Book Review: Masters Of Contemporary Watch Making





I don’t read a lot of books on watches. There sure are enough of them out there. Large, pretty coffee table books designed to be skimmed through while sitting in a large easy chair listening listening to background jazz and perhaps enjoying a scotch. These luxo-tomes are meant for high-end collectors, and priced as such. That doesn’t mean they are well written. Most of them list facts, but the best of them are actually worth a read. This is one of them. It also helps that it looks nice and have gorgeously printed images. Images that put even the best computer images to shame. I kid you not when saying that many of the images in the book look better than the real life timepieces.







The book is “Masters of Contemporary Watch Making,” and it is on just that. Talented watch writer and journalist Michael Clerizo (who writes about watch for the Wall Street Journal) selected many of today’s most talented and popular independent watch makers and wanted to write about who they are. There are other similar books on this topic such as 12 Faces of Time (that I reviewed), but Masters of Contemporary Watch Making predates it. The idea of understanding watch makers is a popular theme – and can be quite vexing. Watch maker’s aren’t always know to be the most open or social. It is often understand that to undertake the profession of watch maker is not only a serious ordeal born of passion and a fixation on minutiae, but also a lifetime dedication.




Clerizo’s tactic was to actually invade the watch maker’s element. Not just visit them, but spend an extended period of time with them. Interviewing them and seeing them live and work. The result is quite intimate. You see Clerizo hold back a lot of the time. He clearly learned a great deal of wonderful things from his experience, but needed to keep it brief given that the book focuses on 11 watch makers, and even refers to a good deal others. A lot of these people are true characters in their own right , and what you get is a mere glimpse.




What can one gleam from such a brief “visit” with these watch makers? Actually a lot. Clerizo keeps the book open to all readers. Watch nerds will find a lot to appreciate, and novices who know nothing about how a watch works, or hasn’t heard of any of these guys will still find things to be interested in. Though it is not a dumbed down text by any means. Clerizo is most focused on the people, their experiences, and most amusingly, their idiosyncrasies. A particularly good example of what you can expect is this excerpt from Clerizo’s report on the talents and eccentric Vianney Halter. “[Halter is] a man who grew up in two converted railway carriages, learned English by watching Star Trek, admits to being jealous of his cat, has a sneaker named in his honor, relaxes by flying a plane, calls himself a crazy French watchmaker, and creates watches unlike nay ever seen before.”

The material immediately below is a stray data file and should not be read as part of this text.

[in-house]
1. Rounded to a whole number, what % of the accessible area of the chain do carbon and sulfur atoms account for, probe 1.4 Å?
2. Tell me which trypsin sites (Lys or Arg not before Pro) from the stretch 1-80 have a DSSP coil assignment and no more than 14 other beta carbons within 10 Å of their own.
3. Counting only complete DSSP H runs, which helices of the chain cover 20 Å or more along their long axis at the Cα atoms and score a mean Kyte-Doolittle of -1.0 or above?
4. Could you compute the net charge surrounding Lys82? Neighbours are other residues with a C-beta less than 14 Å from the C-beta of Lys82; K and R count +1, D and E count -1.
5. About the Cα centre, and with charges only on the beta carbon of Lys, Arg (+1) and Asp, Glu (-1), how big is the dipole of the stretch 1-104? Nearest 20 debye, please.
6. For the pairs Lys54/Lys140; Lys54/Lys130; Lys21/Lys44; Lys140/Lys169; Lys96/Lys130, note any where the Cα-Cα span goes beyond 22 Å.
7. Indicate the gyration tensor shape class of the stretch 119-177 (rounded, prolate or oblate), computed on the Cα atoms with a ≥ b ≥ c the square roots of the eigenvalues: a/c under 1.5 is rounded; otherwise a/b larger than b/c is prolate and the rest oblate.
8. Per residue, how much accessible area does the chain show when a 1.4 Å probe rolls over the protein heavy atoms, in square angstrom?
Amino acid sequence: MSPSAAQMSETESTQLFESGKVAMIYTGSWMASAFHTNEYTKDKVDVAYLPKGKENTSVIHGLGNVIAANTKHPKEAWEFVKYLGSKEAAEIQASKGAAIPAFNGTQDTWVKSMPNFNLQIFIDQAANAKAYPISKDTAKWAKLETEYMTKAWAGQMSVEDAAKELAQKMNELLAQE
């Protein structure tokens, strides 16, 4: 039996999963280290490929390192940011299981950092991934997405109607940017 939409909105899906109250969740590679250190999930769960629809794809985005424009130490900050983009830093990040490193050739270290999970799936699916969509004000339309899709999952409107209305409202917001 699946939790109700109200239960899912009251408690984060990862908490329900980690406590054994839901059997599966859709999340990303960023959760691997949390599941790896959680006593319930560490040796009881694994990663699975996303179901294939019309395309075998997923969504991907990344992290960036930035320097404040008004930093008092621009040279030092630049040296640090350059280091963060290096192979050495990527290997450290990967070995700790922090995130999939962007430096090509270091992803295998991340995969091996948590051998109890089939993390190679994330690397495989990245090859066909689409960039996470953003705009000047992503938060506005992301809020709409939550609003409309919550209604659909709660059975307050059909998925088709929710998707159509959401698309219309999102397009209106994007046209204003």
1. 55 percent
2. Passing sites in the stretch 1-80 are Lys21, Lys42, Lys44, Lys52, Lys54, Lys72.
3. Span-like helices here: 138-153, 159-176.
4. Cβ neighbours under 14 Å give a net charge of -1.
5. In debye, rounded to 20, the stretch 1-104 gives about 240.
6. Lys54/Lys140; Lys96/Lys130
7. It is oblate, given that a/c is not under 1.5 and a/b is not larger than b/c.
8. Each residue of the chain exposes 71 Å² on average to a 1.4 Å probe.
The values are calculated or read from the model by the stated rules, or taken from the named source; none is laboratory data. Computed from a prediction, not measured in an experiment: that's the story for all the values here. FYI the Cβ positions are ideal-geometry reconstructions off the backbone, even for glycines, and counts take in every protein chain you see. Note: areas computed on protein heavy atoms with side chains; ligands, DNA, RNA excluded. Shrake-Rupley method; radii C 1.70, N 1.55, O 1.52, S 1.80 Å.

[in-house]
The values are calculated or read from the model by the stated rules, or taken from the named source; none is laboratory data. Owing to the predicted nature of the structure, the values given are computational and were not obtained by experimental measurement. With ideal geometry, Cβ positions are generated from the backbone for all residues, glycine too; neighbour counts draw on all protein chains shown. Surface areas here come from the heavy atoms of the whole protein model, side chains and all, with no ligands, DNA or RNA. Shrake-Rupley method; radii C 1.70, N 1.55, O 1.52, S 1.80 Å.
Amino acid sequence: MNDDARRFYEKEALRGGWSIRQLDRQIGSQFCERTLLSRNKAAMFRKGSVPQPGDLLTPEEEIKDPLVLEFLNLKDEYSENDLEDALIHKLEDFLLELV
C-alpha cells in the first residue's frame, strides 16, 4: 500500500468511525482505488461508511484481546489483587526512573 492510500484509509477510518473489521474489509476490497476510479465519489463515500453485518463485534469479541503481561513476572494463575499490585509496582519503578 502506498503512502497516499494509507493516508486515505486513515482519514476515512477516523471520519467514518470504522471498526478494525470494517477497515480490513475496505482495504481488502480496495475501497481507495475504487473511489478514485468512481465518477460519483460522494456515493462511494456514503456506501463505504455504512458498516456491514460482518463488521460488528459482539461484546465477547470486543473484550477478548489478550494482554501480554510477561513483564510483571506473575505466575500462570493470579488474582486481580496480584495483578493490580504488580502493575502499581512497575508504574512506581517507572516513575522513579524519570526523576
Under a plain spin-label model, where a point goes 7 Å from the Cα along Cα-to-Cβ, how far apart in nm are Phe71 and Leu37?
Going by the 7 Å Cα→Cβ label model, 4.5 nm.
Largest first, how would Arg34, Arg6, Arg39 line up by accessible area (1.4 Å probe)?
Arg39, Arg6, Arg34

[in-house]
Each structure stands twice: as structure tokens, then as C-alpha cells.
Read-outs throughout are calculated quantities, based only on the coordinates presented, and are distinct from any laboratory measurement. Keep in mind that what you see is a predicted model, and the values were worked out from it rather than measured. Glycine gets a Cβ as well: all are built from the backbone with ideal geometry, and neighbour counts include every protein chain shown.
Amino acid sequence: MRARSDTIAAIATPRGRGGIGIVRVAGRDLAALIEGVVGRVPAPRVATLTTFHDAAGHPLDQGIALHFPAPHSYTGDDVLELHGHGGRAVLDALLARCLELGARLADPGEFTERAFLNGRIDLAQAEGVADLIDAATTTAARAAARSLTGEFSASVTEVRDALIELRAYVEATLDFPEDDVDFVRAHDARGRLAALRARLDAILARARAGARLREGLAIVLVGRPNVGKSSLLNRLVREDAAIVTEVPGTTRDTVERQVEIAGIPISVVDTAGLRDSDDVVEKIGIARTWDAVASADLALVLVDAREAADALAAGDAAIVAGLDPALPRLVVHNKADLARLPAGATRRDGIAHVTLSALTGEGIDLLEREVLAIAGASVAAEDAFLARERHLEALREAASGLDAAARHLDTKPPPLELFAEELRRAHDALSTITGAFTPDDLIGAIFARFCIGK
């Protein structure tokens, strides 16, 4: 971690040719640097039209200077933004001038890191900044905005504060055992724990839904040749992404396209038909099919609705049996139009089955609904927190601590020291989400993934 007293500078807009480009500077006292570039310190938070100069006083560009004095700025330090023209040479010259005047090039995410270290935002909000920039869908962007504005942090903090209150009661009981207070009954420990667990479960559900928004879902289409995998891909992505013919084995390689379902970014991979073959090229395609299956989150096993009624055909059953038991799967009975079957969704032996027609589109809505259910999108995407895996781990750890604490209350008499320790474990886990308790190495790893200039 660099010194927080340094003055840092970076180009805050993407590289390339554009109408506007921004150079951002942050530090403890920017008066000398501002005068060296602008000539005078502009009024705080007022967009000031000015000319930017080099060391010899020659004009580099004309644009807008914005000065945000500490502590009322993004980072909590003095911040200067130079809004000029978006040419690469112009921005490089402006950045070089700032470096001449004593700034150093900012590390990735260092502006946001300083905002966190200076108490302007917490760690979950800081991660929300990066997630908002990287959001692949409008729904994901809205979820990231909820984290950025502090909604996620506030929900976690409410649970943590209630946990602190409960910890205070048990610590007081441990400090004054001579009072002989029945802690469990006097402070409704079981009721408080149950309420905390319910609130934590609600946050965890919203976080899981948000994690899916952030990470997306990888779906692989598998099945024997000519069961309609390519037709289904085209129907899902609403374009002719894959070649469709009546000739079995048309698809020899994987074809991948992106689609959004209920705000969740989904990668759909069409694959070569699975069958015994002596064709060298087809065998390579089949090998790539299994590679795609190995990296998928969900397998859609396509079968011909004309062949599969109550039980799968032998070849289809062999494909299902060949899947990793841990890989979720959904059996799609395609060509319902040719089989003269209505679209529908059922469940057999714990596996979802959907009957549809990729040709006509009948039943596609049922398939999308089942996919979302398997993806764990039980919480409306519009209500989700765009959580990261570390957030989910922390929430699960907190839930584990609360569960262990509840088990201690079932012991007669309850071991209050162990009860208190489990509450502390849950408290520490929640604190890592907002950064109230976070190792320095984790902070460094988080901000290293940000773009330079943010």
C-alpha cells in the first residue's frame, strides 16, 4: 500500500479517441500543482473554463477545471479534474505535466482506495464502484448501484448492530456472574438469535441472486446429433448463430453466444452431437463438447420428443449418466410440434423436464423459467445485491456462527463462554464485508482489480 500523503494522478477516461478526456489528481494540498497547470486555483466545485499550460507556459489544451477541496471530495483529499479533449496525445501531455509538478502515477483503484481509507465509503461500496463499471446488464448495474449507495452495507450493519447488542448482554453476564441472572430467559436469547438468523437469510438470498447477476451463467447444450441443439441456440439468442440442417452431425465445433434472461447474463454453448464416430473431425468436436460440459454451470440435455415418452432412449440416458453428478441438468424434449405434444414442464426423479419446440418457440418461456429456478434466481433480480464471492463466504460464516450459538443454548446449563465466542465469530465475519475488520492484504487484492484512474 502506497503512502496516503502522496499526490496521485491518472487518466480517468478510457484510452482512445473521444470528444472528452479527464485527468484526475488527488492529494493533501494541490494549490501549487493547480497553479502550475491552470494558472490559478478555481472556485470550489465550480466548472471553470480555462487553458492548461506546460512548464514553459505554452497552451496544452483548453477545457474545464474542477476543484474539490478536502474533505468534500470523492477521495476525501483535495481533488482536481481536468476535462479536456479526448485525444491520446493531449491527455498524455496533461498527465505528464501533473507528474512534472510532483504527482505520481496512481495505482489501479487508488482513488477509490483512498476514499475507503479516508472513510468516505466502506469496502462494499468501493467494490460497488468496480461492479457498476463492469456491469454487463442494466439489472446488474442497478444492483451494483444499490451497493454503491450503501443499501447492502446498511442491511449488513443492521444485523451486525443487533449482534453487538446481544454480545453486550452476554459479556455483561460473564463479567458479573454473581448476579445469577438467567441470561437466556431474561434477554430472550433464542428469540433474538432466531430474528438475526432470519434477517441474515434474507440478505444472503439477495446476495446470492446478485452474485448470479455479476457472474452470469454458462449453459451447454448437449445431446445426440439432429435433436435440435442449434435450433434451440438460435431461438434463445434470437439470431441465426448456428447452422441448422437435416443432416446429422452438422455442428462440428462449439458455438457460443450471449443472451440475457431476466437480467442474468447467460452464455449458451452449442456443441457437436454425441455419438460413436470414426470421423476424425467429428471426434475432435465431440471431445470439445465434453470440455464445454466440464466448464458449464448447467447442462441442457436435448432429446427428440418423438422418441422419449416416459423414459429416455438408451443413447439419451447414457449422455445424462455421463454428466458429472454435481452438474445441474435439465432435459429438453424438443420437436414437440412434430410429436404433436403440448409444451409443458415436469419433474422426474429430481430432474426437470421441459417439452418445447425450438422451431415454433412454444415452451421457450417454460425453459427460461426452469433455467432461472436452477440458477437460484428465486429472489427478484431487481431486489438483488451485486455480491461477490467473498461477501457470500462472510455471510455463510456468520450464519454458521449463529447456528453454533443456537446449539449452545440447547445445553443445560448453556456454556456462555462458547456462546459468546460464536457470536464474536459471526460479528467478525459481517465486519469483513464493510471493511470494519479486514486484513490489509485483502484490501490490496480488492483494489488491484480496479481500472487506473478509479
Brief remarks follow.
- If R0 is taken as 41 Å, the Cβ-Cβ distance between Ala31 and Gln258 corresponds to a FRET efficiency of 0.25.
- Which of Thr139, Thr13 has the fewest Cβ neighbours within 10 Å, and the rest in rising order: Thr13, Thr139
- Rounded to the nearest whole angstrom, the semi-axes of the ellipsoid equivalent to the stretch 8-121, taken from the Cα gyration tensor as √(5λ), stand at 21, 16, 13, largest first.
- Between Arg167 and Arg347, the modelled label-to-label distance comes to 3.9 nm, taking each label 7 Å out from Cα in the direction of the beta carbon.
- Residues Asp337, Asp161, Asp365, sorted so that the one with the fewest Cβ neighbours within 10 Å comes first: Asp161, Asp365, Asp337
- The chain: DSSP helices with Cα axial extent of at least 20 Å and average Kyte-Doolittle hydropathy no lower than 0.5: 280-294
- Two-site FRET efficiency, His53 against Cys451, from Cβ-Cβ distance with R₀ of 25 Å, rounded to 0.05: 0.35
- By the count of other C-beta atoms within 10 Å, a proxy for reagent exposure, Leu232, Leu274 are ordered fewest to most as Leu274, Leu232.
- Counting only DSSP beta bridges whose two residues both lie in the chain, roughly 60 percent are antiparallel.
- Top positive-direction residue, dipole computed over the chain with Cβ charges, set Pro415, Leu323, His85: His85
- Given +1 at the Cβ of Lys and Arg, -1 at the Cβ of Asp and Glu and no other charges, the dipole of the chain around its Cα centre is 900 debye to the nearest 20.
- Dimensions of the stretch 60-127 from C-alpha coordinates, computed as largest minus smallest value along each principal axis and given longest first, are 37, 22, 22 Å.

The list of watch makers that Clerizo features includes:

  • George Daniels
  • Svend Andersen
  • Vincent Calabrese
  • Philippe Dufour
  • Antoine Prezuiso
  • Franck Muller
  • Aniceto Jimenez Pita
  • Alain Silberstein
  • Marco Lang
  • Vianney Halter
  • Roger Smith




Like I said, the rear section of the book includes a lot more than that, and Clerizo offers a handy glossary as well. OK, so these guys make amazing watches and are interesting people. But why the big deal? Well from a sociological standpoint it is interesting profile people who go into the same career, achieve success at it, and do something that from a functional perspective is sort of unnecessary. Common to all of these men is that they are brilliant (each in their own unique way), often times come from very humble beginnings, and would all be described as iconoclasts. Men like this drive the collector’s market. They are the face behind high-end watches, because the timepieces that come out of the large groups have no one with faces behind them. When investing in a timepiece from one of these men, you are buying a piece of them. You are subscribing to what they believe in, their tastes, and the pride they have in their own work. Masters of Contemporary Watch Making helps us understand more about who these people are, why they do what they do, and does a good job at showing their work next to a profile of their personalities. Clerizo does all this in consumable prose, offering a glimpse not only into the men, but also their timepieces.

Masters of Contemporary Watch Making, published by Thames Hudson retails for $85 and is available for purchase on Amazon.

 

 

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